Document Type



Virginia Institute of Marine Science

Publication Date



Special report in applied marine science and ocean engineering No. 319


The Bank Erosion Study was designed to evaluate eroding fast land bank shorelines as contributors of sand, silt and clay and total nitrogen and total phosphorous introduced into the Chesapeake Bay estuarine system. In addition, the extent and effectiveness of erosion control measures were evaluated for selected shoreline reaches. Fastland banks are the uplands along the shorelines that are composed of semi-consolidated sediments. This study evaluates about 2000 miles of primary tidal shoreline in the Virginia portion of the Chesapeake Bay estuarine system for areas of fast land bank erosion. Primary tidal shorelines are those along the main stem of the Chesapeake Bay and the major tributary estuaries. Approximately 383 miles of shoreline comprising 208 shore reaches are included in. the final analysis. These reaches are responsible for 61% of the annual historic sediment volume loading from tidal shoreline erosion. Sediments for selected representative shore reaches were sampled and analyzed for sand, silt, and clay. Volumetric rates of sediment loading for the study shorelines were determined from historical data. Also, the condition of the shorelines were evaluated by analyzing oblique aerial imagery for 1985 and 1990. From the imagery analysis the extent of defensive shoreline structures (i.e. bulkheads, seawall and revetments) and whether the bank was stable or not was determined. Sediment volume loading was considered to be halted where defensive shoreline structures were installed. There was an increase in shoreline defenses of 18% by 1990. This resulted in an annual reduction of sediment loading by 5%. Total nitrogen and total phosphorous loading from eroding fast land bank sediments have been determined to be significant. This study utilized the results of Ibison et al., 1990 which provided average nutrient loading rates for total nitrogen and total phosphorous from eroded fastland bank sediments. The consequent estimated annual reduction in nutrient loading by defended shorelines for 1990 is about 5% for total nitrogen and total phosphorous. Nineteen reaches have been identified as significant contributors of eroding bank sediments and will require further assessment as to the impacts of nutrient loading.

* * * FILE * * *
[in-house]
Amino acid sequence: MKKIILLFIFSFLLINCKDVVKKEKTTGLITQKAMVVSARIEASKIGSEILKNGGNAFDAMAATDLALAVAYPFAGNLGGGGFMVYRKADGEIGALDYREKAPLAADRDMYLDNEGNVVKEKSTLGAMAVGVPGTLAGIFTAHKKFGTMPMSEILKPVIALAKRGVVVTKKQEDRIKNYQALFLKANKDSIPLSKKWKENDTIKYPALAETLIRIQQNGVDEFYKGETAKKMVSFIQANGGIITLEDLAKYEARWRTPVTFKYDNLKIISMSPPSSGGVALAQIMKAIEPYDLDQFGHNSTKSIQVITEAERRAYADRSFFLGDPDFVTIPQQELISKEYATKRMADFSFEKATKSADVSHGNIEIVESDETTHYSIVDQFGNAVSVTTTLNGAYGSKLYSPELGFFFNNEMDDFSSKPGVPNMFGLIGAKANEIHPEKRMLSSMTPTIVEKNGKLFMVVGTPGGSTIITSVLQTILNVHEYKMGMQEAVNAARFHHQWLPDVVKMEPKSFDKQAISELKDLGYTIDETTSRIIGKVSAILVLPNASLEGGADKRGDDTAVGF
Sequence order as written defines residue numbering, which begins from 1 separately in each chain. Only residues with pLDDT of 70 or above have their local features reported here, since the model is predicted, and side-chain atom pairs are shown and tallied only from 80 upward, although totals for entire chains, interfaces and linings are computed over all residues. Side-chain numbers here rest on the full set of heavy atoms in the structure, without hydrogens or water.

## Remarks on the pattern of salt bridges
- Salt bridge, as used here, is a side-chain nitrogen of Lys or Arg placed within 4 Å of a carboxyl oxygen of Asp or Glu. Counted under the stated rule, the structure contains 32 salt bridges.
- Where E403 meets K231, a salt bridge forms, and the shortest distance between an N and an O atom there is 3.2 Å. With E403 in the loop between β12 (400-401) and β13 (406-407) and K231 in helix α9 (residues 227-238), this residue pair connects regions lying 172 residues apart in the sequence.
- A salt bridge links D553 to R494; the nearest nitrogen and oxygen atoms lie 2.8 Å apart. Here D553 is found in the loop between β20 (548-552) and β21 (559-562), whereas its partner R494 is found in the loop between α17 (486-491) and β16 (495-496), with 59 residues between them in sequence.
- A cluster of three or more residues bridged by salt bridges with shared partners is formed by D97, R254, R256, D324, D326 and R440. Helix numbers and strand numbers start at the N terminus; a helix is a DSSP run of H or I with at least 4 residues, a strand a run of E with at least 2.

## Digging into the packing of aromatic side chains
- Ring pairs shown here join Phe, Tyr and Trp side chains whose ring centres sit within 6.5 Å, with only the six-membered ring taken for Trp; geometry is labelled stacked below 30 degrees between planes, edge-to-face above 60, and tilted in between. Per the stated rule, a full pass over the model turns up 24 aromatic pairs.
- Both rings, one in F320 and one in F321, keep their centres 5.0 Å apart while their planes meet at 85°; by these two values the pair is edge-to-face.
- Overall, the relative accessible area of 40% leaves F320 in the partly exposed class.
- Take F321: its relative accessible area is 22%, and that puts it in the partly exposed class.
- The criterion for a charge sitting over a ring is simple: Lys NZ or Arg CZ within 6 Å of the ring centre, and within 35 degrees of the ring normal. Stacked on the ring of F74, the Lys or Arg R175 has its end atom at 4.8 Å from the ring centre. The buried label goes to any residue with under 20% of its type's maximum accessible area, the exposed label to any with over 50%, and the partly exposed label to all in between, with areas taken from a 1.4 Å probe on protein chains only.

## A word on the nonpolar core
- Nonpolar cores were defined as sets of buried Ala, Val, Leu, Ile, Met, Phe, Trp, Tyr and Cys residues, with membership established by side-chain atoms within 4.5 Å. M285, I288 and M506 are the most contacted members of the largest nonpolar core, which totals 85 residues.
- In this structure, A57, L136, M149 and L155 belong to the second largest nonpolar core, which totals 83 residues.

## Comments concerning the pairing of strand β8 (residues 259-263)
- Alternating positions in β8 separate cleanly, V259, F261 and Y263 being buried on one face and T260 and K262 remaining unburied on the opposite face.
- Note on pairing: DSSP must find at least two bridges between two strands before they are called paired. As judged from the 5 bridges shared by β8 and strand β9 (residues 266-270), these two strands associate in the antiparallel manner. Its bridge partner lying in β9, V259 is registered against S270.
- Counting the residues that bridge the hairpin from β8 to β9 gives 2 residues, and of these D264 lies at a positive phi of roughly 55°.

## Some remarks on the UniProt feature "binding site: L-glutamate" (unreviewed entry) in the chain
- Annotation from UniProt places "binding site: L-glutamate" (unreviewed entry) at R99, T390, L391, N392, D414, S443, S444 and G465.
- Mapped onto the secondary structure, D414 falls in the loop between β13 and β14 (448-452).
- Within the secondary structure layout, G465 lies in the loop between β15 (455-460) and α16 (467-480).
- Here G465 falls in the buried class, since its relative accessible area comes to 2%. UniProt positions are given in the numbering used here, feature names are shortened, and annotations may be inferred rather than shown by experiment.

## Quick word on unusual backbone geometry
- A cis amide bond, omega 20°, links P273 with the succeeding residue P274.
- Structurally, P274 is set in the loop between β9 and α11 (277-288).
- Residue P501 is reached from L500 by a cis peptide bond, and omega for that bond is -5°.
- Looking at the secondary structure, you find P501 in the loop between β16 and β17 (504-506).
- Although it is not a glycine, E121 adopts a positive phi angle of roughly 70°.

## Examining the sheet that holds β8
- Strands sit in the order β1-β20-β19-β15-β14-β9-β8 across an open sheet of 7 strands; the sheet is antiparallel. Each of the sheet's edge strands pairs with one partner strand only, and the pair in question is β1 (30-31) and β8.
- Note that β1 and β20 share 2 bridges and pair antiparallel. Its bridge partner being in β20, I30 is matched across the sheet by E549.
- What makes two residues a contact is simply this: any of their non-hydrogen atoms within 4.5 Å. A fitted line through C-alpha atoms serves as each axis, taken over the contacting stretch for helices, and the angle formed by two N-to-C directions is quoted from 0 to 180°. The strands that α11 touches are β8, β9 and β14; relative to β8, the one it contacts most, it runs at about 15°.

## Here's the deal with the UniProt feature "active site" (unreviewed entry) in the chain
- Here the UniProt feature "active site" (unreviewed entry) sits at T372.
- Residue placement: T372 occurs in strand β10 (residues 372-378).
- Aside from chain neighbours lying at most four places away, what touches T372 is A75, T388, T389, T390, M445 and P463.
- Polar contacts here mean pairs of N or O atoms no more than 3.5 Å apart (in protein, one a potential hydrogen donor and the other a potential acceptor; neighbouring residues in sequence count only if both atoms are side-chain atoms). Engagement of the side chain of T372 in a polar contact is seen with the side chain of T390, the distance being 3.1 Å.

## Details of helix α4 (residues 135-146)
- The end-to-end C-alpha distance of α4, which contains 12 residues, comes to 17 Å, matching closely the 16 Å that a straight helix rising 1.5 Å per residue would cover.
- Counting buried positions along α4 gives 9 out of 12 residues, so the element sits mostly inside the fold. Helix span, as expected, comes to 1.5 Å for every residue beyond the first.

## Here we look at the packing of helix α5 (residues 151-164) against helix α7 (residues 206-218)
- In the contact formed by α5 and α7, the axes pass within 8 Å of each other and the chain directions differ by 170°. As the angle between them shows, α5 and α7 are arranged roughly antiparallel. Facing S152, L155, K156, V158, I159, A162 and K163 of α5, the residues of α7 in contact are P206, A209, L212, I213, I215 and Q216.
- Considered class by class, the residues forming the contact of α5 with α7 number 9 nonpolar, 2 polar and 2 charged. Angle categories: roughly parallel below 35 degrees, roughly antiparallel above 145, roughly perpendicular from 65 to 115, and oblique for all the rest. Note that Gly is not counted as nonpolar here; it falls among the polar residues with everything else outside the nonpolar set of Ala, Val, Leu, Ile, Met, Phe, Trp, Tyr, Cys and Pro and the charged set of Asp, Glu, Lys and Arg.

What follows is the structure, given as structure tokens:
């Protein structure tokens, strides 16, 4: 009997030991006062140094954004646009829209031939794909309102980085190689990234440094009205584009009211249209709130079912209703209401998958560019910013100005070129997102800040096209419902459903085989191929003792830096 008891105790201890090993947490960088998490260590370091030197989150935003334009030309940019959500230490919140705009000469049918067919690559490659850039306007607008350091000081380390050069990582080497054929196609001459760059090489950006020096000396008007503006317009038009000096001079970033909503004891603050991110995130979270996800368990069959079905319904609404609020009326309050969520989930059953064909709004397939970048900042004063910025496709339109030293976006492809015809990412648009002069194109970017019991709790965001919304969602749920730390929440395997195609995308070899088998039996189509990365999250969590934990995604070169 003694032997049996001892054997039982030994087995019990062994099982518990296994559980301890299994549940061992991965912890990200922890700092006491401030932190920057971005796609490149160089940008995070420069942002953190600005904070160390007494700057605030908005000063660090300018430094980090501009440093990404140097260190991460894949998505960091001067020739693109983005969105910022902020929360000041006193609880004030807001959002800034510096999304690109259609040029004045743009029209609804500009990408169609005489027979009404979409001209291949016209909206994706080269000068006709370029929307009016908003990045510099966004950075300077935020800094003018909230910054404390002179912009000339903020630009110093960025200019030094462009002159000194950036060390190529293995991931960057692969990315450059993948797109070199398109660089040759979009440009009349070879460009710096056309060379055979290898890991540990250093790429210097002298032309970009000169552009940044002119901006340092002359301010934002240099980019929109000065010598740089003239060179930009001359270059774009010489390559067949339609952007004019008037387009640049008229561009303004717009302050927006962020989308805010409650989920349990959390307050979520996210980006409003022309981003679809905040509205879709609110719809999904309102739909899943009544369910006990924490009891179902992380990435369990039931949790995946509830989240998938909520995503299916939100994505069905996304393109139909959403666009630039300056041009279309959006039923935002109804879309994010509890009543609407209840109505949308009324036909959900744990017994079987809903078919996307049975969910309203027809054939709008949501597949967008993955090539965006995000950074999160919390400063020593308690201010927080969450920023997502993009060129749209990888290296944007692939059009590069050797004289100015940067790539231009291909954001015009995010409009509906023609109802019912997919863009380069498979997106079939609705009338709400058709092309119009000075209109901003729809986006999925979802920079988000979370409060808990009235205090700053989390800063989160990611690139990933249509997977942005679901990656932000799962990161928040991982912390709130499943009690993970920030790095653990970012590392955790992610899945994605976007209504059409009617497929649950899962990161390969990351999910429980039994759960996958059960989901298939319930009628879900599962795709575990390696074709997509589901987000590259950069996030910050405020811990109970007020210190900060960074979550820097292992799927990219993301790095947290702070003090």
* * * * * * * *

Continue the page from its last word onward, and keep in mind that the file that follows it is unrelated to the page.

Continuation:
Beach Erosion, Tidal Shorelines, Coastal Management, Physical Geography


This project was funded by the Department of Conservation and Recreation, Division of Soil and Water Conservation to the Virginia Institute of Marine Science utilizing funds provided by the U.S. Environmental Protection Agency, section 319 of the Clean Water Act.



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